A new chapter for MissChu: The Vietnamese street food business is planning a 50-store network
Monday, February 5, 2018/
The owner of Vietnamese street food business MissChu has unveiled an ambitious plan to expand the well-known brand from three to 50 sites over the next five years, less than four years after it was placed in the hands of administrators.
Owner Gabi Machado says he’s confident there’s space in the Australian food market for another 47 MissChu outlets but says he’s happy to take the significant expansion “relatively slowly” as the brand looks to find top franchisees.
Machado tells SmartCompany he believes that the current “back to basics”, health-conscious dining focus on Australians will help power the business forward.
“So we’re looking for people who are passionate about hospitality and health — and people who can handle a large volume of sales,” he says.
Machado has partnered with DC Strategy consultants to begin finding possible franchisees to head up a planned expansion from MissChu’s three Melbourne sites to 50 stores across the nation by 2023.
Machado became involved in the MissChu business, founded by serial entrepreneur Nahji Chu, in 2010 and brought the brand to Melbourne from Sydney.
The business fell on hard times, collapsing in 2014, with Machado ending up taking control of the business.
While the business survived the administration process, and Nahji Chi has been working on expanding her own new business ventures, she told SBS’s Insight program in September 2017 that “the emotions still feel raw and real”.
“It never really goes away,” she said.
There has also reportedly been legal concerns around the branding of Chu’s new business ventures. Last year, lawyers acting for Machado reportedly sought to prevent Chu from using her surname or image in promotions for her new business, claiming that these were intellectual property owned by MissChu.
Machado says the voluntary administration of the business only involved the Sydney stores, not the Melbourne outlets, and the Victorian stores had always performed well.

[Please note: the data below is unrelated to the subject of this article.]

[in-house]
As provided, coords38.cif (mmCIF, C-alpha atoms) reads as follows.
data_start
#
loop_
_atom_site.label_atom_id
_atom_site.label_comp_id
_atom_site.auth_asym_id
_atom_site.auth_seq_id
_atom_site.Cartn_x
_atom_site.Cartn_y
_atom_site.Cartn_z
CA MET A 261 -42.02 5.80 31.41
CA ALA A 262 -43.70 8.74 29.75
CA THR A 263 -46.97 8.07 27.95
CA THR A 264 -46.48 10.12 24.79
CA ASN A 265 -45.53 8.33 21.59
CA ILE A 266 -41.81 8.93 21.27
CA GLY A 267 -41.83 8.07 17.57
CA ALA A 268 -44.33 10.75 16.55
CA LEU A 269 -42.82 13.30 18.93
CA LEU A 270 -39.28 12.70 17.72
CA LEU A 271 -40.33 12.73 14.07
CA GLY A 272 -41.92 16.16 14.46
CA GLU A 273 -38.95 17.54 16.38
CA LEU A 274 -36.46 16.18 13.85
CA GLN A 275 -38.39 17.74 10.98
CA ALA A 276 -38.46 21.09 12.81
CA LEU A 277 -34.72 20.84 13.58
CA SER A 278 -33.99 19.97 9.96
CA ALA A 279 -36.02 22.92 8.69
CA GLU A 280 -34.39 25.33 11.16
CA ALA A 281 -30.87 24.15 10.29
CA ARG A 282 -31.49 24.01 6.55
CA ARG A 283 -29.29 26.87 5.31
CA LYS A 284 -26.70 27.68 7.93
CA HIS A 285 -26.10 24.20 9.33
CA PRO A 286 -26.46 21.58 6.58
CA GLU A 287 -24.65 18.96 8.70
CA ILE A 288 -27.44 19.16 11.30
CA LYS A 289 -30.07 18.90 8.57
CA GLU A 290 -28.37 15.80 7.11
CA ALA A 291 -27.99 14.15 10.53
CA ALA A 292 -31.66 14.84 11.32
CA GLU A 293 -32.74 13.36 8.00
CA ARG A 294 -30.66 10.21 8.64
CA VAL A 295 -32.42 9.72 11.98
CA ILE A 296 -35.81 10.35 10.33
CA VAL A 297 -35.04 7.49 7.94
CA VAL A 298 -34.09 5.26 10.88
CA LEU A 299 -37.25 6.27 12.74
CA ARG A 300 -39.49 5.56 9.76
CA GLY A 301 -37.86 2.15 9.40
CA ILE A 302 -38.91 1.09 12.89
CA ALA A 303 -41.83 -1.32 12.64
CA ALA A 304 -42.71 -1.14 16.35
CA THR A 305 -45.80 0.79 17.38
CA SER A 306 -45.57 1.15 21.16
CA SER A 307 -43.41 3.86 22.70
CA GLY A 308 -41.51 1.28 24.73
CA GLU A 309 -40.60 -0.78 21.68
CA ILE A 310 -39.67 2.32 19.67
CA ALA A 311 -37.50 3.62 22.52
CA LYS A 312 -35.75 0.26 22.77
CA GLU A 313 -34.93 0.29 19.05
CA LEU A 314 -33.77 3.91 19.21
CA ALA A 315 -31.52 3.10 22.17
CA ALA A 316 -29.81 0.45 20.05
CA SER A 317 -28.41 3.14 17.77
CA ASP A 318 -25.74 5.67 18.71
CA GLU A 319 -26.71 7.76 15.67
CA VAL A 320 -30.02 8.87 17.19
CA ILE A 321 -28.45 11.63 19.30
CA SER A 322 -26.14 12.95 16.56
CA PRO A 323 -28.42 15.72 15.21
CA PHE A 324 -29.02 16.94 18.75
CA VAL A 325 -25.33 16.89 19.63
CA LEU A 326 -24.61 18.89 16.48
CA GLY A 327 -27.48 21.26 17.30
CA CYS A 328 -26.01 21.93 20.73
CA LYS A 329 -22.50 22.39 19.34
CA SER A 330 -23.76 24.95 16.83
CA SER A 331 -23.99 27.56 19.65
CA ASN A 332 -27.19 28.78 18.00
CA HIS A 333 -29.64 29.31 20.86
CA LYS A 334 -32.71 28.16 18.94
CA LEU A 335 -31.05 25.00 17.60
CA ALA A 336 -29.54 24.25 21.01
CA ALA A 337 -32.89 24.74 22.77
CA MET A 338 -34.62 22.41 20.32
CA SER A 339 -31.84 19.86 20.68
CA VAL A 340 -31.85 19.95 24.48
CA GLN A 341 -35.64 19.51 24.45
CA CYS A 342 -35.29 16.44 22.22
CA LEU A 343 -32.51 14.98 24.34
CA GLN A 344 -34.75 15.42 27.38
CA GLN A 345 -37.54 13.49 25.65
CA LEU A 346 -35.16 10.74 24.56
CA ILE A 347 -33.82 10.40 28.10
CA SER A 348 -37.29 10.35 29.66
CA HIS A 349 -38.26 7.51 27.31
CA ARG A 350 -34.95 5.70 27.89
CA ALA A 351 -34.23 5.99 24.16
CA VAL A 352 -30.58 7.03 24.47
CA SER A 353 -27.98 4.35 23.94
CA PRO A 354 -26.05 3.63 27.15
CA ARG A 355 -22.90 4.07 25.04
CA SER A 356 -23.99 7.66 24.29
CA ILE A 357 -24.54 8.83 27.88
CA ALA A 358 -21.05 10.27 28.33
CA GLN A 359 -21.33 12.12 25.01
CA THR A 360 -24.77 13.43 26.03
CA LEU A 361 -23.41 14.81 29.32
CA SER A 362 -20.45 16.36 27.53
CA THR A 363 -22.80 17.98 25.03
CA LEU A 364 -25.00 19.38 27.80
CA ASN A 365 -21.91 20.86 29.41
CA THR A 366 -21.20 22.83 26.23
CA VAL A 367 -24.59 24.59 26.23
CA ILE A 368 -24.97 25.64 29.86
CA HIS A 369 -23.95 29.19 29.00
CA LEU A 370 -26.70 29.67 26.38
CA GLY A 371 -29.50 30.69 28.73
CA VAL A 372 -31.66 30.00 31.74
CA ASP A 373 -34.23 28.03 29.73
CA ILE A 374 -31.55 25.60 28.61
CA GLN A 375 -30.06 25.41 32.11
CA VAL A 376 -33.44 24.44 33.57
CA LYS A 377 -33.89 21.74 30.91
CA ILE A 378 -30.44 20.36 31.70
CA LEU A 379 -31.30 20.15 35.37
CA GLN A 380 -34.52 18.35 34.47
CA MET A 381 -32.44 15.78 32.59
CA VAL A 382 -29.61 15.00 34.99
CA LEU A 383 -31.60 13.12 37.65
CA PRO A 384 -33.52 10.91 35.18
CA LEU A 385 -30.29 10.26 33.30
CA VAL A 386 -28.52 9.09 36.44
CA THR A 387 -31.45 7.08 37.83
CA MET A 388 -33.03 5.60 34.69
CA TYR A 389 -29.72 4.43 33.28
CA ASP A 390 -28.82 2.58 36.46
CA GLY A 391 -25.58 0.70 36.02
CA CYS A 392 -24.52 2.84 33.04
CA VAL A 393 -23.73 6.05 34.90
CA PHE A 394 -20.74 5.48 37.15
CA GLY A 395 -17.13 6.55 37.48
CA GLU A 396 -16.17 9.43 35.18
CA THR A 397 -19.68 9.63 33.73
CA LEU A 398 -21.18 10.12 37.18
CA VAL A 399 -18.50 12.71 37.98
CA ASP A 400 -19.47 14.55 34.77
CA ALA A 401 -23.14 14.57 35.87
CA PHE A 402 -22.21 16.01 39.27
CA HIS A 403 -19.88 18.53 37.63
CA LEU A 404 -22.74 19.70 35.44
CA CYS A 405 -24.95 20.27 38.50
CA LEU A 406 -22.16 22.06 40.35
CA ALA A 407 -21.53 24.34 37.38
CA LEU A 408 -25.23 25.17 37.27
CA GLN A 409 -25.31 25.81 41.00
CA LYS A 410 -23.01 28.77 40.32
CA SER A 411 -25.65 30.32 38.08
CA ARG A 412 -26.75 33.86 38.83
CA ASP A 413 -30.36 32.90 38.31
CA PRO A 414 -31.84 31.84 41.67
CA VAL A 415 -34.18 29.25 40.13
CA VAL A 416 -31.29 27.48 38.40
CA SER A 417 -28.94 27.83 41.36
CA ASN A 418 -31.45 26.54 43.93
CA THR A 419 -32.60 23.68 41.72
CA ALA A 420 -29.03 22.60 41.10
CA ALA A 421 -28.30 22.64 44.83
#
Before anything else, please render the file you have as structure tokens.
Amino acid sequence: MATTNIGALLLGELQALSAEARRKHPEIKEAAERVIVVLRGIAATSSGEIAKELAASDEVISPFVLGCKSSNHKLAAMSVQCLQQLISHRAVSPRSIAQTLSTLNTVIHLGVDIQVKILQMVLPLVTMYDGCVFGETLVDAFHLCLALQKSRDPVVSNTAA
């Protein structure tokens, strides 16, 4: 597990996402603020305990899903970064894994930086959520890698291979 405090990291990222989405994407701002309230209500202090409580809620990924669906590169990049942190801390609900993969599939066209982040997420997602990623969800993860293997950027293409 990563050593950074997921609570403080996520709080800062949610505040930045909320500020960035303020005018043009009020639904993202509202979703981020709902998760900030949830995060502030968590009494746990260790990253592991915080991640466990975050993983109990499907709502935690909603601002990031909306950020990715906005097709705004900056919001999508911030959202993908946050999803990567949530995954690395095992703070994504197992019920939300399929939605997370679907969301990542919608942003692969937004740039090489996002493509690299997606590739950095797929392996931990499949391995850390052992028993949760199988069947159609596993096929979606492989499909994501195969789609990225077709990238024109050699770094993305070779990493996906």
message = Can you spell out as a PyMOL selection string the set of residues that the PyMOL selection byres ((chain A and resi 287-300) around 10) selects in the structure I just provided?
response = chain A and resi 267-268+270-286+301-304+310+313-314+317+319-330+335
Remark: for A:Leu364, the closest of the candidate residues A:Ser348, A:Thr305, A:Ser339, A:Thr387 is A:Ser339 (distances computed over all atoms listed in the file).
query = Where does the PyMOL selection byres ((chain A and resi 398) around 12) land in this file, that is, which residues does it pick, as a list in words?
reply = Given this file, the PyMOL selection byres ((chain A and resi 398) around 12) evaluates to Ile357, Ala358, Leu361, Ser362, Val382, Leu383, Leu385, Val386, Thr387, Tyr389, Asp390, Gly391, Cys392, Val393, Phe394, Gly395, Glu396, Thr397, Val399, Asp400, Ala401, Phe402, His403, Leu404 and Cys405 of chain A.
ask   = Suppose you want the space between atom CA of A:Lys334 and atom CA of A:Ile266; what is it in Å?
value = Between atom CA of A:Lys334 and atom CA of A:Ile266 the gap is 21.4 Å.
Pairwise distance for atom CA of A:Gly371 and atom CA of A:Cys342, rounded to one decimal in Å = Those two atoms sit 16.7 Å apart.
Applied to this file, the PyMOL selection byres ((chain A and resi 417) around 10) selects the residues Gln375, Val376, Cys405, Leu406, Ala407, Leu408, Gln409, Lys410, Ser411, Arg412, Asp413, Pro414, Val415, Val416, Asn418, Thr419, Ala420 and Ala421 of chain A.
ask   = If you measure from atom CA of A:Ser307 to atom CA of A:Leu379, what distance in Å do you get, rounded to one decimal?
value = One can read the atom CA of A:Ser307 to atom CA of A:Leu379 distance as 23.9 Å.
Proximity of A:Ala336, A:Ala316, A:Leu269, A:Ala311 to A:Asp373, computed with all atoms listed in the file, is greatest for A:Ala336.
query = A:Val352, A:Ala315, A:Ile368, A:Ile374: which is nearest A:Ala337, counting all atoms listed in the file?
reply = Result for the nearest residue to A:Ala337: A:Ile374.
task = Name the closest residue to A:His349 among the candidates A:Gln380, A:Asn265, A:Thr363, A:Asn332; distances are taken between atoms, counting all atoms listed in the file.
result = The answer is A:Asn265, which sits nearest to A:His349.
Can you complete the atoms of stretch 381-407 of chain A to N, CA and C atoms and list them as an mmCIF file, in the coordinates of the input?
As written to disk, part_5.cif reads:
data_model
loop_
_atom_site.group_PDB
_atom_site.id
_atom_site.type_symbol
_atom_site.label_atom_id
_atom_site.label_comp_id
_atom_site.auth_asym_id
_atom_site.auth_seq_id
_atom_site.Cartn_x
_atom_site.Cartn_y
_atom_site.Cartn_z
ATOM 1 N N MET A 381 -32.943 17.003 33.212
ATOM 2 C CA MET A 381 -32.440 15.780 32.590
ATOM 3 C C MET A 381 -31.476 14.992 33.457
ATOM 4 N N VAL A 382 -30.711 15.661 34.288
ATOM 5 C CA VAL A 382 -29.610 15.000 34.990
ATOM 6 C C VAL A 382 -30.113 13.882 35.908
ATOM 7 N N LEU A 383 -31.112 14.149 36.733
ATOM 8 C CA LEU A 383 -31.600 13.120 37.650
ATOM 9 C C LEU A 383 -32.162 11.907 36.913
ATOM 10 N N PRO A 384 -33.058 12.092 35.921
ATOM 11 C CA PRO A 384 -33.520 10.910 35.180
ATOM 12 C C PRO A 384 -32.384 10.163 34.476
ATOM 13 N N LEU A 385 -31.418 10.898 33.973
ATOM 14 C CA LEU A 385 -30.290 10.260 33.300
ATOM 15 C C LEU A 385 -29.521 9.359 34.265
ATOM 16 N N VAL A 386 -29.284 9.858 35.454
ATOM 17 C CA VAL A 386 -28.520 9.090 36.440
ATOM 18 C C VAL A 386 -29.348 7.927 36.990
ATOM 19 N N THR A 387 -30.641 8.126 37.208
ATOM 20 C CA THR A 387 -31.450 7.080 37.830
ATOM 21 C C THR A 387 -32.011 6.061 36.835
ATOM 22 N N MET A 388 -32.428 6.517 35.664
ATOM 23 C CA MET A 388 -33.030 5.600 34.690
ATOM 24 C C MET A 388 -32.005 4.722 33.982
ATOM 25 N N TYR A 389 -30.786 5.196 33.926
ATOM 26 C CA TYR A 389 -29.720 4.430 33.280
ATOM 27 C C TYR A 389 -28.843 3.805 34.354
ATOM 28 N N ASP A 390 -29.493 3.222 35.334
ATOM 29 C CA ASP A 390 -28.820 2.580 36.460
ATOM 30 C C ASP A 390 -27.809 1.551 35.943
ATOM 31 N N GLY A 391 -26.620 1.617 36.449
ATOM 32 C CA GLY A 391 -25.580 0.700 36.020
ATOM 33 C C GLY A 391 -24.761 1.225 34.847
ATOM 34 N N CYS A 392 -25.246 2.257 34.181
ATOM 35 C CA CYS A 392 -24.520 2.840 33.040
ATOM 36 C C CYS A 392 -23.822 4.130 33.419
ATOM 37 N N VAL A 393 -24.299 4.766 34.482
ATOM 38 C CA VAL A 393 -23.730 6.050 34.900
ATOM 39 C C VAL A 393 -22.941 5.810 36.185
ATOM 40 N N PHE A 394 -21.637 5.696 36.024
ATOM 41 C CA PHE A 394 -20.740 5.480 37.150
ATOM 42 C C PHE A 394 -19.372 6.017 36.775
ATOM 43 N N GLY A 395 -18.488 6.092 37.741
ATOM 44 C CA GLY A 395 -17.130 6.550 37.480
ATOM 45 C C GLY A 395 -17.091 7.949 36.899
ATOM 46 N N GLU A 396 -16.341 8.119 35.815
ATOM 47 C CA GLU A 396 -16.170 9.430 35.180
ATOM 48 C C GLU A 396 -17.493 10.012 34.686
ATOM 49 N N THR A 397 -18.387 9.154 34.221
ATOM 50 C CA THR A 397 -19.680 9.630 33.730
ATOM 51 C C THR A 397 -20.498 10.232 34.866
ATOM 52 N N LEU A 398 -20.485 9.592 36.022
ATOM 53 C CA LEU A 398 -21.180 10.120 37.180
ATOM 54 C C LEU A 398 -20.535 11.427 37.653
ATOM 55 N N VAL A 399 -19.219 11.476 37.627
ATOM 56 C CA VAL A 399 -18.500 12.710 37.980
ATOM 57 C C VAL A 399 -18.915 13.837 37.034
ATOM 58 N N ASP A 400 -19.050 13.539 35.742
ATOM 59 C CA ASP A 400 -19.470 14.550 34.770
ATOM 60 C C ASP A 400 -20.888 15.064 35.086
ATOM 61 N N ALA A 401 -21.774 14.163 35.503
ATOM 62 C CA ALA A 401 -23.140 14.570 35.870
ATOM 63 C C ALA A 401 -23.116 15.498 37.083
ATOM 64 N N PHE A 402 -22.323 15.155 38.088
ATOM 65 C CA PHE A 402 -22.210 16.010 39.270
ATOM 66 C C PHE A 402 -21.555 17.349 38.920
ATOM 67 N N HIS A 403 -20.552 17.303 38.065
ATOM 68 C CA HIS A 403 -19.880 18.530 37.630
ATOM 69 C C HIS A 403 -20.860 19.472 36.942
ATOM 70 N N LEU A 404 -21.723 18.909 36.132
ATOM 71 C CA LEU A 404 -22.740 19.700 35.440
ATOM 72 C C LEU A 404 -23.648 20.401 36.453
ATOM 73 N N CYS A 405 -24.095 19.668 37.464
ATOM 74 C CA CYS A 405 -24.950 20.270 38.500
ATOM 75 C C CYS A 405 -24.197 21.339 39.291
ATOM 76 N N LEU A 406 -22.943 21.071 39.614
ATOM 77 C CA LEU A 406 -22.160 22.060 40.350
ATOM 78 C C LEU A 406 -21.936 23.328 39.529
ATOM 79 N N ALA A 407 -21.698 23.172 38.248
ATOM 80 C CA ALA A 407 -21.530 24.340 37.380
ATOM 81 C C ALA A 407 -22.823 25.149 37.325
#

“The Melbourne business was always separate, and those shops have grown very well,” he says.
The three current MissChu outlets turned over a combined $8 million in revenue last financial year and there are big opportunities to expand the network, says Machado.
Machado acknowledges there has been no shortage of bad news stories about the world of franchising over the past year, but says he is working with expert consultants to make sure the business has good relationships with any franchisees it brings on board.
“It all comes down to having that fair relationship,” he says.
The brand will focus on expanding across Victoria first and while Machado has an eye on national expansion, the next state on MissChu’s list is “still a bit unclear”.
However, he says MissChu “carries a long way” in terms of brand recognition, and the top priority for the business will be a slow, steady roll out to ensure the best chance of success.
“I think it will start relatively slowly and it will scale up over time, as things become more streamline,” he says.
MissChu is currently in conversation will several prospective “tuckshop owners”, with the company looking for operators who will be okay staying “cool and calm” when faced with fierce customer demand, according to a statement.
Having started those conversations, Machado says the business will be patient to find the right people before rapidly expanding.
“It’s really critical we protect the integrity of the brand,” he says.
“We’re certainly not rushing it — it comes down to the quality of food and the service.”
All that glitters is not gold: The upsurge of paid followers and engagement on LinkedIn Sue Parker DARE Group founder
Webcams and monitored bathroom breaks: Why employee monitoring is counter-productive Ian Whitworth Scene Change co-founder
Locked and uploaded: How to take bricks-and-mortar stores digital with video Michael Langdon Levity director
Why retailers have no idea about the future Dean Salakas The Party People chief
There's only one way to attract and retain millennial talent — but it'll cost you a few bricks Lauren Lowe Future Fitouts co-founder
Advice for going green, from one chief executive to another James Chin Moody Sendle co-founder